In a trust, the original owner of the property or the grantor transfers his property to a trust which will then be managed by another person or a trustee whom he chooses. The trust is established for the benefit of another or the beneficiary. How the properties in the trust are used are specified within the trust document or trust instrument.
Having trusts is one of the effective ways of managing your property, especially if you consider the possibility of not being able to do it yourself later on. However trusts don’t last forever.
Ways a Trust Can End?
One way in which a trust ends is when all the properties within it are gone. The trust has no more value if there are no assets or properties in it. If the trust contains assets such as money, for example, and all of it has been transferred to the beneficiaries, then the trust ends. Or if it includes a physical property such as a house or a car, the trust may end when the property is destroyed. The trust may also end in itself if the grantor specified so.
The grantor has the power to assign a specific date or condition in which the trust must end. The date is self-explanatory; and the condition is something that if met, then the trust ends. For example, the grantor may specifically state that the grant ends as soon as the child gets married, or finishes a college degree, etc.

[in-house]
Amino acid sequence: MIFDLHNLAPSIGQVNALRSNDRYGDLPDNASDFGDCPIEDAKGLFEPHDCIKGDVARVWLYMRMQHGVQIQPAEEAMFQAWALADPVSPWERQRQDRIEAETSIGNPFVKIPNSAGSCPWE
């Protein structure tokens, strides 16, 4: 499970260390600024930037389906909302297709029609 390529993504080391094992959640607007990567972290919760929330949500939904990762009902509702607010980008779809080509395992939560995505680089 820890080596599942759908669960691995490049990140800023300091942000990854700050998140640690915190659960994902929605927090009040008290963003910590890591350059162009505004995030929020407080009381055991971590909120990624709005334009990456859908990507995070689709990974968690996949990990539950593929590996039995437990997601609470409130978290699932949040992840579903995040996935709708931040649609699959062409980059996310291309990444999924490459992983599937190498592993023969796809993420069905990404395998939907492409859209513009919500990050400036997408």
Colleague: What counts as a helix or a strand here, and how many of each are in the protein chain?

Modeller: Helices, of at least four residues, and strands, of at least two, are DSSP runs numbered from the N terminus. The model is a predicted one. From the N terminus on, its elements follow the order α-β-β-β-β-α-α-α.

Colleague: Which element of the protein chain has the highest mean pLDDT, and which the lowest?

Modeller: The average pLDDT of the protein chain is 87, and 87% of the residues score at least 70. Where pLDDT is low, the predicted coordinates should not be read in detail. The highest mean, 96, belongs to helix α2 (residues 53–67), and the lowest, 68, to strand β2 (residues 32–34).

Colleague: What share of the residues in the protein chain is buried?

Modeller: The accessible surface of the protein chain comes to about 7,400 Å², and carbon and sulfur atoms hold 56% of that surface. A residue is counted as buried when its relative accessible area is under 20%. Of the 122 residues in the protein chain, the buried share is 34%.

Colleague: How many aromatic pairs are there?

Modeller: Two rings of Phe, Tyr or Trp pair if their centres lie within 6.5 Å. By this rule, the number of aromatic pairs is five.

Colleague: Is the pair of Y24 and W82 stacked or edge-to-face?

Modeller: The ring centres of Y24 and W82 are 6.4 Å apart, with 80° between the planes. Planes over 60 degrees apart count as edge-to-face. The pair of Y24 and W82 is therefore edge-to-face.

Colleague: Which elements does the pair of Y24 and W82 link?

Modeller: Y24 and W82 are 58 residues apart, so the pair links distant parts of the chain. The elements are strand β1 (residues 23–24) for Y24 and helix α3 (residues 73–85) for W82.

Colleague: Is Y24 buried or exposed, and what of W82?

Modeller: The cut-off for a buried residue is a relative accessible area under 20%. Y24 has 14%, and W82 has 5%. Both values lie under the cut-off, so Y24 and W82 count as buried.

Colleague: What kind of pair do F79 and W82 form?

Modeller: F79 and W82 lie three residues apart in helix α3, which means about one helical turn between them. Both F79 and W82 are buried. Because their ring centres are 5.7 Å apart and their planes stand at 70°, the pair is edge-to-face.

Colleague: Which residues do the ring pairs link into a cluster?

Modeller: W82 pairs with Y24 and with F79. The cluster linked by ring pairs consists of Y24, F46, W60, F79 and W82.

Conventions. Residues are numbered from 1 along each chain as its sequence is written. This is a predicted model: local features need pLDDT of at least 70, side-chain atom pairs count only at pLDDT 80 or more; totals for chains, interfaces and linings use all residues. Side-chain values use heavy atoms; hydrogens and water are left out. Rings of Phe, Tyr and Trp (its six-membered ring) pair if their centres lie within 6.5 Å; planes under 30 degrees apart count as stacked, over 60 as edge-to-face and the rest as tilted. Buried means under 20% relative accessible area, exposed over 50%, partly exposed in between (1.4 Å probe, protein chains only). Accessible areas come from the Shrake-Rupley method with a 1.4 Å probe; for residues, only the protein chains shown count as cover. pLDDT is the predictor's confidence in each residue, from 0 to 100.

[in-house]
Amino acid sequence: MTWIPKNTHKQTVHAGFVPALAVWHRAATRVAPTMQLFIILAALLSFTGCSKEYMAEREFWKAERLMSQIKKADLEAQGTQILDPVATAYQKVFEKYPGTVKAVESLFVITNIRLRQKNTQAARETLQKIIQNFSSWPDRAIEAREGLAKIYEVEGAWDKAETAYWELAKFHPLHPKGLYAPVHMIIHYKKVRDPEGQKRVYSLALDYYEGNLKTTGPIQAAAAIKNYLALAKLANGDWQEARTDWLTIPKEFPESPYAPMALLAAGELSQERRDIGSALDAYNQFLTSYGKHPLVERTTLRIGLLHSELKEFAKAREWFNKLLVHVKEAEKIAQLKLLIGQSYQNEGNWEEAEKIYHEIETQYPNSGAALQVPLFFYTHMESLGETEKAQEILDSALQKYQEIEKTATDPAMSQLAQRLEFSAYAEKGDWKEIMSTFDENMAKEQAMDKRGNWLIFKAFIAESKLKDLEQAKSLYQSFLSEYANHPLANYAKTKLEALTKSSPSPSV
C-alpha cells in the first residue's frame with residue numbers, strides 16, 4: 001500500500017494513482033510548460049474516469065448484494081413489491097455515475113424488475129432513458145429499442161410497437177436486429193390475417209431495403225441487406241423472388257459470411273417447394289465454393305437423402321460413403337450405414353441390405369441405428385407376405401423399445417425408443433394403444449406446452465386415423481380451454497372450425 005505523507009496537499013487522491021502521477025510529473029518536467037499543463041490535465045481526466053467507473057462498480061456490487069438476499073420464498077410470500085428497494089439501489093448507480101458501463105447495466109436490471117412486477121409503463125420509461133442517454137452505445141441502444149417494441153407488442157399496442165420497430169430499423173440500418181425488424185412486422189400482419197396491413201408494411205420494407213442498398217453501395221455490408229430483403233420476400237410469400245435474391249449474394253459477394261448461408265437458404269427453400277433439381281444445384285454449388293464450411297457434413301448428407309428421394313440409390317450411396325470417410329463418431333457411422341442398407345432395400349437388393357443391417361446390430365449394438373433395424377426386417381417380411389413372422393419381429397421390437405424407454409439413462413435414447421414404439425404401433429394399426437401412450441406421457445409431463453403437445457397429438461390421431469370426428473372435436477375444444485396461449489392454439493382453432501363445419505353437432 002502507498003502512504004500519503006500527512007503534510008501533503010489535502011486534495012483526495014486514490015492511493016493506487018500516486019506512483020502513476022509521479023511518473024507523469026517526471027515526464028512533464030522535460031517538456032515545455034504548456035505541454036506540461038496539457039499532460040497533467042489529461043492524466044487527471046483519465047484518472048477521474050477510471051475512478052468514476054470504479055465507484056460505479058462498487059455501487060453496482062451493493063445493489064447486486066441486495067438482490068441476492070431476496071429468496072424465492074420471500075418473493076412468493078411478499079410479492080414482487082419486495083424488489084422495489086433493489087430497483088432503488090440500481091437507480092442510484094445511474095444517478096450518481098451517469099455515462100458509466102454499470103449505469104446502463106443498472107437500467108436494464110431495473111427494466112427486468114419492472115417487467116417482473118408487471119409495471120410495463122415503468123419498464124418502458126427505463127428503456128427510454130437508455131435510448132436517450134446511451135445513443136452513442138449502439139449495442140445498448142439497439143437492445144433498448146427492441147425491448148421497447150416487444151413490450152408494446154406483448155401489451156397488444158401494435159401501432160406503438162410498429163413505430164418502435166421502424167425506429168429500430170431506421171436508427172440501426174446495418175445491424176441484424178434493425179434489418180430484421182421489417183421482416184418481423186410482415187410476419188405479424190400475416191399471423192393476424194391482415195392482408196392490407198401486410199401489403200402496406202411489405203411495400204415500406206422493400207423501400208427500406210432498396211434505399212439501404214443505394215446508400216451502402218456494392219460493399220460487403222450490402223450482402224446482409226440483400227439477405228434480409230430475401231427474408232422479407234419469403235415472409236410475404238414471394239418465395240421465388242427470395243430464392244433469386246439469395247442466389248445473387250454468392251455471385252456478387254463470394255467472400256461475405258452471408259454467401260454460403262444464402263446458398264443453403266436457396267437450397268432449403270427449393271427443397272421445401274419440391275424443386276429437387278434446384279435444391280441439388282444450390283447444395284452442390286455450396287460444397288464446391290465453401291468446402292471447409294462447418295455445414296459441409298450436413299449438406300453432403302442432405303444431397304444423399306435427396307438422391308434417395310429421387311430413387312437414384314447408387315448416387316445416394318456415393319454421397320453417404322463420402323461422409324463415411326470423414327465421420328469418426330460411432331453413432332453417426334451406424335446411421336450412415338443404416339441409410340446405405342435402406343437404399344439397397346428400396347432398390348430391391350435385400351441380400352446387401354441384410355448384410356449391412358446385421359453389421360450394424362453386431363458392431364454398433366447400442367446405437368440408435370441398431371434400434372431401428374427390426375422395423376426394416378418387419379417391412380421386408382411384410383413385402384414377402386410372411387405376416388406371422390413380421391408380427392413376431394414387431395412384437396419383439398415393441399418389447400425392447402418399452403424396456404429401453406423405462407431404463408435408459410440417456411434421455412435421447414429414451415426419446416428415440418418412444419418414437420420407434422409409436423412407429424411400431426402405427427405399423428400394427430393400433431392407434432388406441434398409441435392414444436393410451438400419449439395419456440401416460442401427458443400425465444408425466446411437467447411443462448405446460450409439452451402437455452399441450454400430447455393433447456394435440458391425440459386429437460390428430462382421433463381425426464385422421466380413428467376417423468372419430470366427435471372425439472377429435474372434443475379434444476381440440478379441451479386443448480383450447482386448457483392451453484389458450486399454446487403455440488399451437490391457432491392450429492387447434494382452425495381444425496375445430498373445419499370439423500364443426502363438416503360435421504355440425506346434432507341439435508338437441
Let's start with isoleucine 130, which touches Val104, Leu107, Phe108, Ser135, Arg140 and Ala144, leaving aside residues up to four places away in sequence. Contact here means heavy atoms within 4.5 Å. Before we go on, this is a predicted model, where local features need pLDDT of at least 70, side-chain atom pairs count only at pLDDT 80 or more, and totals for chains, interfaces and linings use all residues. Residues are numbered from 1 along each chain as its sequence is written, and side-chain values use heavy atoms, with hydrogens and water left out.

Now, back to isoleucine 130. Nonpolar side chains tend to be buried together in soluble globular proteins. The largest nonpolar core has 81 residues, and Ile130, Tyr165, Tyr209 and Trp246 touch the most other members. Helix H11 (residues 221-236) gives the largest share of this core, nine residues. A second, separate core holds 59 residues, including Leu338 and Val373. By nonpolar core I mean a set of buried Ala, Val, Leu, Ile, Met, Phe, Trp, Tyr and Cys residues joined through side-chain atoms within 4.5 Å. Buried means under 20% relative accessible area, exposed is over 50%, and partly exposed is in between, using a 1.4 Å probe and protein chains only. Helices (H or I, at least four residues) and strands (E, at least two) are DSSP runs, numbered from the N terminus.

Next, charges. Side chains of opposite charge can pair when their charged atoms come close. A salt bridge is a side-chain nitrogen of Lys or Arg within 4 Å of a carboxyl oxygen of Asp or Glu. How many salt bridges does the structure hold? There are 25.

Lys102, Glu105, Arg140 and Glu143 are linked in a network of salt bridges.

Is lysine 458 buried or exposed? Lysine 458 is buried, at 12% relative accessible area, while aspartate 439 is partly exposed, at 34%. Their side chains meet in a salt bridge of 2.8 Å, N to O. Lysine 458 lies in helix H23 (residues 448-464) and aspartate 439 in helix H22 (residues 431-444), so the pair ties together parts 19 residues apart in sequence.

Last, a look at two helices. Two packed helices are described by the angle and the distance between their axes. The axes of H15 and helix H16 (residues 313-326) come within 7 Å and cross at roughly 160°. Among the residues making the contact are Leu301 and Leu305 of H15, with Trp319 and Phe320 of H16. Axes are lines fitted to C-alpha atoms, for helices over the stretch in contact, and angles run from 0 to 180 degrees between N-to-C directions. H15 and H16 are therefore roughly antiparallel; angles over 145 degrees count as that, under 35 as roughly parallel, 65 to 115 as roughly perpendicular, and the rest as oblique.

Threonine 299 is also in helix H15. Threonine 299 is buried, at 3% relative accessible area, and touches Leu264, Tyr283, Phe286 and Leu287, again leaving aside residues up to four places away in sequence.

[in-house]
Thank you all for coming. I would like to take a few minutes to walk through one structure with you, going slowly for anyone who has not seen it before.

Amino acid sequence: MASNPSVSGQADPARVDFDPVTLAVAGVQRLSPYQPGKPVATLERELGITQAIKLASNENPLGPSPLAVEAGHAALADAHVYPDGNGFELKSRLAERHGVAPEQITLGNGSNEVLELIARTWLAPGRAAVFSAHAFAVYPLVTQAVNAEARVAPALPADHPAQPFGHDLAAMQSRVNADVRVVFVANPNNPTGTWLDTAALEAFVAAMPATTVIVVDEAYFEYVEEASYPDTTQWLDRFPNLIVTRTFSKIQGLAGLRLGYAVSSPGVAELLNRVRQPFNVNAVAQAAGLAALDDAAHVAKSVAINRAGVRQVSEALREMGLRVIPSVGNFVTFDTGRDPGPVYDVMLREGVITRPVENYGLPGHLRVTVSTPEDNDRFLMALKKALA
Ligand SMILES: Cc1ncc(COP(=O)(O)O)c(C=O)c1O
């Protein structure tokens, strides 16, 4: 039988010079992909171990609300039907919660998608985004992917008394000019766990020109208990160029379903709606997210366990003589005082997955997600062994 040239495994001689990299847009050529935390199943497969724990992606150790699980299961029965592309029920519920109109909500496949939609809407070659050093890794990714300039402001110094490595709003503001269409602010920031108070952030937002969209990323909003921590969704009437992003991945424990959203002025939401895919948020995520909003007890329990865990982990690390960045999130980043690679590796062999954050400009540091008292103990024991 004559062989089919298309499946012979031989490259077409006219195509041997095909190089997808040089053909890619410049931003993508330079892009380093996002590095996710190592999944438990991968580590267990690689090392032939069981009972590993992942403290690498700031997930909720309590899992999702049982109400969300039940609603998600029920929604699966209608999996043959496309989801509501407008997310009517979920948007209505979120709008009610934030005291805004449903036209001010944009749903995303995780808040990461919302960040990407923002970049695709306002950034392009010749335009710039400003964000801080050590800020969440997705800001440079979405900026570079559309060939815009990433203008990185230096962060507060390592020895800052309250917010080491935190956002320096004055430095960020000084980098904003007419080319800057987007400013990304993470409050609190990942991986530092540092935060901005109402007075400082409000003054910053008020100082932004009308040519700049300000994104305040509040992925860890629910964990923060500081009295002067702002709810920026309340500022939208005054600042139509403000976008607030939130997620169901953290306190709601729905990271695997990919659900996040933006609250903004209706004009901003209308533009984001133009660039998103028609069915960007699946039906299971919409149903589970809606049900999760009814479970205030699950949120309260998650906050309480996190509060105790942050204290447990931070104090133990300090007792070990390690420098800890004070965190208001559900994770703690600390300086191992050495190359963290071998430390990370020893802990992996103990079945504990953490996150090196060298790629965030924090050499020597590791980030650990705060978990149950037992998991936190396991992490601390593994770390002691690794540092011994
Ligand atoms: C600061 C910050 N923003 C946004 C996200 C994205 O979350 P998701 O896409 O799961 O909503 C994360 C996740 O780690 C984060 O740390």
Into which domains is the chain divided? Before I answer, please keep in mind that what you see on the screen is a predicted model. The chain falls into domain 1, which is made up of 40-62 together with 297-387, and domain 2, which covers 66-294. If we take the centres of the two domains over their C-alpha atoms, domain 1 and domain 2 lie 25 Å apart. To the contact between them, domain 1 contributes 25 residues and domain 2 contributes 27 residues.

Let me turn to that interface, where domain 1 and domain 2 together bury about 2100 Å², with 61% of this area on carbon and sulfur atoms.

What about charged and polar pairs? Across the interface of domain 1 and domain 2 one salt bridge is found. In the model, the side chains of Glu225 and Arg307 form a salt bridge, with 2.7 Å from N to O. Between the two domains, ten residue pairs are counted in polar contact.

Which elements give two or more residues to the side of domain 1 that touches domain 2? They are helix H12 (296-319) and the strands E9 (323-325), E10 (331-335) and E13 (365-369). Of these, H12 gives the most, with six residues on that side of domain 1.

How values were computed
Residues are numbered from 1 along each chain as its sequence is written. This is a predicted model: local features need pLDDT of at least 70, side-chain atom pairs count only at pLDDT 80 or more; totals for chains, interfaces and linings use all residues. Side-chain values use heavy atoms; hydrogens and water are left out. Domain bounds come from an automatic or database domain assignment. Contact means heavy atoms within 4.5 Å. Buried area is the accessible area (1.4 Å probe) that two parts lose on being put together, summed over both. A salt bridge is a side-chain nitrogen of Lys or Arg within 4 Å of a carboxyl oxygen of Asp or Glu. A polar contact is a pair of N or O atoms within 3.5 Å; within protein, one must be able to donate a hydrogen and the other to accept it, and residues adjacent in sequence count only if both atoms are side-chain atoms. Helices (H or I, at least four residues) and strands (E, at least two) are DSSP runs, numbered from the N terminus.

What Happens after a Trust Ends?
If the trust ends and there is still property within the trust, then it is the responsibility of the trustee to distribute what remains of the property. There are some trust documents that include specific instructions on how the assets need to be distributed, which is a really wise choice. But if there are no specific instructions, the beneficiaries get to decide how they could divide the properties among themselves. Lawyers are not required in this process, but it is still helpful to consult one at the end of a trust. An estate planning attorney would be especially helpful in these matters and to know your rights as a beneficiary.